I confess that I am not altogether sure what to do with this objection, since I am not altogether sure how far I think “legitimate self-interest” extends. Certainly I think that, if are to think in terms of rightly-ordered love, then self-interest cannot extend to the point of depriving another of what I am seeking to protect for myself. Thus I cannot seek to kill another merely to protect my own life; but if I can protect my own life merely by escaping, without doing harm to another, then I ought to. This would suggest that if I could protect my possessions merely by withholding them when they are illegitimately demanded, I ought to. All of which would suggest, for instance, that I would be perfectly legitimate to oppose heavy taxation, and avoid paying if possible. But this argument seems to have led us into direct contradiction of Romans 13, at least as I have read it. It also seems to contradict, “If someone asks you for your cloak, give him your tunic also” (Mt. 5:40). But that command seems absurd, especially in light of the examples of economic bullying we’ve looked at–does this really mean that, whenever someone tries to intimidate me into buying or selling something, I would have to respond “in love” by doing as they asked, and doing more than they ask? This seems absurd.
A closer look at the context of commands like “If someone asks you for your cloak, give him your tunic also” readily suggests an answer. Self-abnegation is not a goal in itself, so I do not have to act against self-interest anytime anyone wants me to do something for them. Rather, I think that the concern is to avoid and overcome conflict. If someone demands something from me in a way that I cannot refuse without generating conflict, and if their demand has negative effects on myself alone, then I ought to willingly yield to their demand, and try to go above and beyond, to overcome their evil with good. However, if someone wants something from me, but I can reasonably refuse without conflict, then I may take self-interest into account and refuse their demand. This explains why it is that, if the government seeks to coerce me to to pay exorbitant taxes, I should willingly yield, but if a business uses one of the more subtle forms of coercion we explored above, to try to take advantage of me and get me to buy a product, there’s no reason I have to buy it. (Of course, I still ought never to return evil for evil, e.g., by trying to rip off a store that I know is trying to rip me off.) Thus, there does remain an important distinction in this regard between many forms of political coercion and certain forms of economic coercion, but, as we have seen earlier, it does not lie where many imagine it.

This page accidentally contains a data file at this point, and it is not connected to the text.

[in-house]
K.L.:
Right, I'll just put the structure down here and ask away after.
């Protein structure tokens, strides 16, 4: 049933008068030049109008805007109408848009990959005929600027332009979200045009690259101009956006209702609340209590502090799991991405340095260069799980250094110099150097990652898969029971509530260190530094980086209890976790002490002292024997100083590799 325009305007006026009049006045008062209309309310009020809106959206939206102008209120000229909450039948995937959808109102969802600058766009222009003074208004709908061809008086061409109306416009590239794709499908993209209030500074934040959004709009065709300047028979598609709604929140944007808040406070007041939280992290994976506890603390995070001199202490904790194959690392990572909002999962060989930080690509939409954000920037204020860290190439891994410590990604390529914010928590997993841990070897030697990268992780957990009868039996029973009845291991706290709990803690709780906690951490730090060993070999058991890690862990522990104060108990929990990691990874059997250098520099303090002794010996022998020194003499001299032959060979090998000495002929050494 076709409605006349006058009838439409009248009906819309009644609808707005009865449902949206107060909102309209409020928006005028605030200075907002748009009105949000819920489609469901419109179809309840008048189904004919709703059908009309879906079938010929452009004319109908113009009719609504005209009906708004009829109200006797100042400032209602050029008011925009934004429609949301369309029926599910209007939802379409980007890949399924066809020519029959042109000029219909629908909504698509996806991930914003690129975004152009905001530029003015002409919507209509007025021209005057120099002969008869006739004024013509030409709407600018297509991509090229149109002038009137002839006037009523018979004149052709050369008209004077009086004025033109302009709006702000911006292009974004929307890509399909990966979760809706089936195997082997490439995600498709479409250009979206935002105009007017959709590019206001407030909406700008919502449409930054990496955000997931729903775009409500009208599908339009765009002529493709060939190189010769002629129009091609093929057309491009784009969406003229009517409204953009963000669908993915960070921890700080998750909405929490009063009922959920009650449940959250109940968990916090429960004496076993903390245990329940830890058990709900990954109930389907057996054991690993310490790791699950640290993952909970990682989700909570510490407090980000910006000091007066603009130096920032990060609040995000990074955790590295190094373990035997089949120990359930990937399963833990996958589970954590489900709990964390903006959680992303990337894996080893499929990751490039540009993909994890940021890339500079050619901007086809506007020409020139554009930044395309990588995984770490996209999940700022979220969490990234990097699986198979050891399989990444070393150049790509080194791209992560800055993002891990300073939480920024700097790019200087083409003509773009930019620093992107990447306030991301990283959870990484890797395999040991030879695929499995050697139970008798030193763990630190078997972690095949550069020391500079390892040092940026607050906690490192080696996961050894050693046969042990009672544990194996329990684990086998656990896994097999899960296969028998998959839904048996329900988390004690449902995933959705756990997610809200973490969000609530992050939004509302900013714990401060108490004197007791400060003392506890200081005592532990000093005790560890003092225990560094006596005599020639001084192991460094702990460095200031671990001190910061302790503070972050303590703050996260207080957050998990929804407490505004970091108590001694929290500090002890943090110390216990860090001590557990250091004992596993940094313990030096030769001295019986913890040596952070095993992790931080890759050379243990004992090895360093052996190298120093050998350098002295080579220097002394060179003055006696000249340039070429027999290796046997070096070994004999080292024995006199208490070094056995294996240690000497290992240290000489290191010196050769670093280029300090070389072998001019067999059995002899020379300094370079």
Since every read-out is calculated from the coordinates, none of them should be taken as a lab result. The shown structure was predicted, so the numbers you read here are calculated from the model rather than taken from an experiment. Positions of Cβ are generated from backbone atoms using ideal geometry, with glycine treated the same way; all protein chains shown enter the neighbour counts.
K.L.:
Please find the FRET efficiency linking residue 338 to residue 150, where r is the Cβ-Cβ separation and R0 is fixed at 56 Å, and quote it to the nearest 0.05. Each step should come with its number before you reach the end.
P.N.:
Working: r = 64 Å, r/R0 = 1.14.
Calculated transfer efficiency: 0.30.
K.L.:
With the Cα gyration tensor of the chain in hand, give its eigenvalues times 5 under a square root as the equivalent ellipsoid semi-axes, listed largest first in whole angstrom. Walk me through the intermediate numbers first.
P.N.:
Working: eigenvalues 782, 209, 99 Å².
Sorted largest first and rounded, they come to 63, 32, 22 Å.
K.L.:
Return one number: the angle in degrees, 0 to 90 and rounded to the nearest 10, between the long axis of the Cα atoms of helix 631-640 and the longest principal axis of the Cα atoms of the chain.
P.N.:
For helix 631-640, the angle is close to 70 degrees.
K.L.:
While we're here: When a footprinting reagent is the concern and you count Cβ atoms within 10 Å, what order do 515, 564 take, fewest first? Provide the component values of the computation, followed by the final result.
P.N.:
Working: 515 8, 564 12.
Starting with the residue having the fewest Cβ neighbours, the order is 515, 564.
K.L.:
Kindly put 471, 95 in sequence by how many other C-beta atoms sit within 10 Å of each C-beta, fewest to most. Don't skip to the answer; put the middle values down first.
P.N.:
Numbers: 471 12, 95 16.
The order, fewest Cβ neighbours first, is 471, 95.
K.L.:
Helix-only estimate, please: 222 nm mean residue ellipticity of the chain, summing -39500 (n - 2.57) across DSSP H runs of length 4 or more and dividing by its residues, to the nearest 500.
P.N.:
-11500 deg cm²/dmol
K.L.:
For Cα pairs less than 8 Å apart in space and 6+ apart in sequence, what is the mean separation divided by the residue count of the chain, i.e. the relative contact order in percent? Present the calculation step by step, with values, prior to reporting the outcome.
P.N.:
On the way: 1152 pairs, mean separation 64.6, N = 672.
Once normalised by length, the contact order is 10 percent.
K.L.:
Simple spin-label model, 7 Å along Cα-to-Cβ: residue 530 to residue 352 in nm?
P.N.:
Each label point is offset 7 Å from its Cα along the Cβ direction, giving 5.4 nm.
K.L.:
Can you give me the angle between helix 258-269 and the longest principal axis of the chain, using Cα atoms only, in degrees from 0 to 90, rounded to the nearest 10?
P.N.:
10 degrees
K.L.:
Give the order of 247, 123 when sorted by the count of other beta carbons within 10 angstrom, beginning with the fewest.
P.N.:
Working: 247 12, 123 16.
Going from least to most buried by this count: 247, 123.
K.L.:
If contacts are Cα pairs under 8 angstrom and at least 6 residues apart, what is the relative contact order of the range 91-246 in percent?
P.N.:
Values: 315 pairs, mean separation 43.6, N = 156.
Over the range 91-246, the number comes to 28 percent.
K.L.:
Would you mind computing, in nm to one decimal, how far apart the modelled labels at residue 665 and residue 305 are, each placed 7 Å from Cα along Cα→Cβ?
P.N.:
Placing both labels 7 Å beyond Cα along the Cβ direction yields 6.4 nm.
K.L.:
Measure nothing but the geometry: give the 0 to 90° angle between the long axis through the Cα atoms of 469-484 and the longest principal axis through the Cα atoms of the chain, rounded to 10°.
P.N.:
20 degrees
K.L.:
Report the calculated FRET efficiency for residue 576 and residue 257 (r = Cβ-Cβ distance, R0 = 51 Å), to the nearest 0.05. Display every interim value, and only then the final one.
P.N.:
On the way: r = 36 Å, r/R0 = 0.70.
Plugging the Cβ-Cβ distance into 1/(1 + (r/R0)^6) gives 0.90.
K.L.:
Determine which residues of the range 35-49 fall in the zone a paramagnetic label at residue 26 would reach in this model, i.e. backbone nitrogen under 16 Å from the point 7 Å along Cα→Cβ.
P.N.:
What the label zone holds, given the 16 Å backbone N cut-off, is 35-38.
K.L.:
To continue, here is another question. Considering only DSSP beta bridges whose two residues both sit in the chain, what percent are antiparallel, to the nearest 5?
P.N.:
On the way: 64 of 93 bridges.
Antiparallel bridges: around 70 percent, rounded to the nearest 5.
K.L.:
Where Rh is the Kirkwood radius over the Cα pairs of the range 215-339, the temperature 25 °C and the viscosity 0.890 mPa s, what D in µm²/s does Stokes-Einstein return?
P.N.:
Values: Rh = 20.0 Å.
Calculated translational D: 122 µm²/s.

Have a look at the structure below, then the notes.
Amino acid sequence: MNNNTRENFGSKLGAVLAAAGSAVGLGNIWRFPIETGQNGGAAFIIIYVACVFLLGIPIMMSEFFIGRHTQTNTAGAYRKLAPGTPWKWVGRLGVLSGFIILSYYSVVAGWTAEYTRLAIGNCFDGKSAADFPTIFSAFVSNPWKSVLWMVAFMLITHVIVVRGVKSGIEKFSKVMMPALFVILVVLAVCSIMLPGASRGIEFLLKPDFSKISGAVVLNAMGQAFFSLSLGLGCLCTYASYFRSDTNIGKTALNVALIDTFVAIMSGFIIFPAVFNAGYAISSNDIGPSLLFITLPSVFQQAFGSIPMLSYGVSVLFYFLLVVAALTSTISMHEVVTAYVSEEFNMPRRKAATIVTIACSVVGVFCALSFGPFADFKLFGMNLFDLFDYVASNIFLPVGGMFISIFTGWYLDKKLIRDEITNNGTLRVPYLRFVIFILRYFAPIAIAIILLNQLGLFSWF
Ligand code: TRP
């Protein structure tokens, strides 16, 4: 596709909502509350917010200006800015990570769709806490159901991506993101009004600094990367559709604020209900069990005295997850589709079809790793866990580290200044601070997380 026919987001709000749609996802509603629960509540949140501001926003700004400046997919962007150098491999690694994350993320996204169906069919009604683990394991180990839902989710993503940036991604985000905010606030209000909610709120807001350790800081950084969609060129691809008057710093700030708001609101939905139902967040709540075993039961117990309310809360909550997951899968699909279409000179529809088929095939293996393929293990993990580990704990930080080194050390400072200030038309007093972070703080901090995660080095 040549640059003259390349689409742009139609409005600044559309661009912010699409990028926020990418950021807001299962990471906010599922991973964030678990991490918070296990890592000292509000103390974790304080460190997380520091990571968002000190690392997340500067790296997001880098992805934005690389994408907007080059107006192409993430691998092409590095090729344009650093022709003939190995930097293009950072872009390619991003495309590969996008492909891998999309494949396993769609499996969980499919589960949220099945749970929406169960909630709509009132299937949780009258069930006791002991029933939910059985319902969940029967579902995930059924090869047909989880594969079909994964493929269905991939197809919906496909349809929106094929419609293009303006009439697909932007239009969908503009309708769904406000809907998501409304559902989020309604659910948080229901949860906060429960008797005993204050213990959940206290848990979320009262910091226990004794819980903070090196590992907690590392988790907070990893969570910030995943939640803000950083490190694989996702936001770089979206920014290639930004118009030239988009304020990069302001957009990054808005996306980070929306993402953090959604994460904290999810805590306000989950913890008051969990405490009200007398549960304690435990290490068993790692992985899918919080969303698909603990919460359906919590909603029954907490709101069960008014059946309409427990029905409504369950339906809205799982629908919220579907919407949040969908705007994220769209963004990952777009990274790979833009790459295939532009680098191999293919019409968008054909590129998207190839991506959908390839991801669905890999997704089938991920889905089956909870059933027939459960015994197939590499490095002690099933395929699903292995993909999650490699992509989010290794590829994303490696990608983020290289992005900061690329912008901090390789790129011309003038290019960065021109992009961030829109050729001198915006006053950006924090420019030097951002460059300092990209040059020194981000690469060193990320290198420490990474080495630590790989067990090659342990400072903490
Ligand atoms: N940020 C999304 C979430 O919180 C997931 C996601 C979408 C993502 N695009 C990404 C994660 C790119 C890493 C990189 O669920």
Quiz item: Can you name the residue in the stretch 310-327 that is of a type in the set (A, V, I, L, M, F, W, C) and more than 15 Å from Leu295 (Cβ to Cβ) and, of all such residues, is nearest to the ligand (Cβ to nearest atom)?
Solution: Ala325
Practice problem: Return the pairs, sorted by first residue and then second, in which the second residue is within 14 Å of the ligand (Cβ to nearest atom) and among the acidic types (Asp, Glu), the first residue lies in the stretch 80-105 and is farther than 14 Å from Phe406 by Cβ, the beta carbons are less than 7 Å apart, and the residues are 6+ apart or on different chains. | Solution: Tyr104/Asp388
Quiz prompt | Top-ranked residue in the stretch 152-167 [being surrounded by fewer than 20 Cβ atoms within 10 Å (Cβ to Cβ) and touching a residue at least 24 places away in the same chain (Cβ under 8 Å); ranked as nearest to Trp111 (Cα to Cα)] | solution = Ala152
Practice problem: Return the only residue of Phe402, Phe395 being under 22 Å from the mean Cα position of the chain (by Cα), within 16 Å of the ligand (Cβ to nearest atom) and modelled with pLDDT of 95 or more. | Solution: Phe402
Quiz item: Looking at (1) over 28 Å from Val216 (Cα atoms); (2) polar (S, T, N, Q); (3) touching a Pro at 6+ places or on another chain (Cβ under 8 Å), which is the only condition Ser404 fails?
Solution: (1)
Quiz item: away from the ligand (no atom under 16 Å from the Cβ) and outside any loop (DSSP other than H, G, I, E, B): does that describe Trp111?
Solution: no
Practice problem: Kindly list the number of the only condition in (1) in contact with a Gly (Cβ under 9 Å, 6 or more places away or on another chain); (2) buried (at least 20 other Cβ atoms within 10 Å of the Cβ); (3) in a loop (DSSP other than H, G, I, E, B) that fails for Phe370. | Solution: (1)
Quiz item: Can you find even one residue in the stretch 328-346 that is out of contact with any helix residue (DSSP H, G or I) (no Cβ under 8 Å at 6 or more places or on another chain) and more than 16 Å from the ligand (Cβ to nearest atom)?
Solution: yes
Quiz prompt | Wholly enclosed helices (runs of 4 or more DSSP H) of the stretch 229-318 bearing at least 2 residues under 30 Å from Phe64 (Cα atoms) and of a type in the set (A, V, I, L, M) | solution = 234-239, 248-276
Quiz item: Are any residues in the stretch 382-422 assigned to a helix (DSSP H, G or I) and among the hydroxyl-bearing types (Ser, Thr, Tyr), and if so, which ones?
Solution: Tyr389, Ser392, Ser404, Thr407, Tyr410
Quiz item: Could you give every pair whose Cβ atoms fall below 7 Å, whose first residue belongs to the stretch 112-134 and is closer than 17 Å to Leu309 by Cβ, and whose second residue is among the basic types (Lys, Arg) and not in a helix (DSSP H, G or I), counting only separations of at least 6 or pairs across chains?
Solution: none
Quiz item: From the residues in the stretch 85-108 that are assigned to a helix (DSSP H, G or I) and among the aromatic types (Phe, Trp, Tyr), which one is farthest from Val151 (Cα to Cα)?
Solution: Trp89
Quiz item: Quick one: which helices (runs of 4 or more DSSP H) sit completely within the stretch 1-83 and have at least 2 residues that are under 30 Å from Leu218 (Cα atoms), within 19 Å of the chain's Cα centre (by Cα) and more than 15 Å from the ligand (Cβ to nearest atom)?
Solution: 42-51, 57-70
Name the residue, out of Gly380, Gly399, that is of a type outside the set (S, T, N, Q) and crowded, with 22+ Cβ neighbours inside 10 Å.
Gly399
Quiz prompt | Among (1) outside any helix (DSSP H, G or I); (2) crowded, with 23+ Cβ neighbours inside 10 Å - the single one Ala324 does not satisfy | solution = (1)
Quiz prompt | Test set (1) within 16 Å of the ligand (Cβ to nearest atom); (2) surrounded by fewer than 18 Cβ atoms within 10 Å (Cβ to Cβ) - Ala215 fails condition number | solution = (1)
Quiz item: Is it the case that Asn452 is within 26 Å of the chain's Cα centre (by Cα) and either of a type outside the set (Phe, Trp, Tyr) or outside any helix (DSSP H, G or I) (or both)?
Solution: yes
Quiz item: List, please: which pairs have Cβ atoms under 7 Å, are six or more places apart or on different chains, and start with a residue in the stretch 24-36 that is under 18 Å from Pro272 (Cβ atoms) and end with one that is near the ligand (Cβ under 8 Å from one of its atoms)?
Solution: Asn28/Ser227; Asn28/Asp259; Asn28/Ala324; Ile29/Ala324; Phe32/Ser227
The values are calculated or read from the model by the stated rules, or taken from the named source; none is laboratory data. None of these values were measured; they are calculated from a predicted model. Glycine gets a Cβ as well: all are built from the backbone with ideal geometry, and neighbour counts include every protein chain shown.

These answers do not provide a comprehensive account of how we ought to respond to all coercive situations. Clearly, the picture is more complicated than merely saying “‘Perfect love casts out fear,’ so just love God and love very oppressor and there will be no reason to fear.” We always have to take into account all kinds of questions about what is being demanded of me, why, what will happen if I acquiesce, what will happen if I refuse, etc.
None of these complications, however, should change our fundamental posture when faced with intimidation and coercion. We should seek to cultivate a faith that fears God above all else, and which thus cannot be easily swayed by worldly fears. We should seek to cultivate a love of God, neighbor, and even enemy that strives to do good even to those who don’t deserve it, which thus heaps coals of fire on their heads, and renders their coercive sword powerless.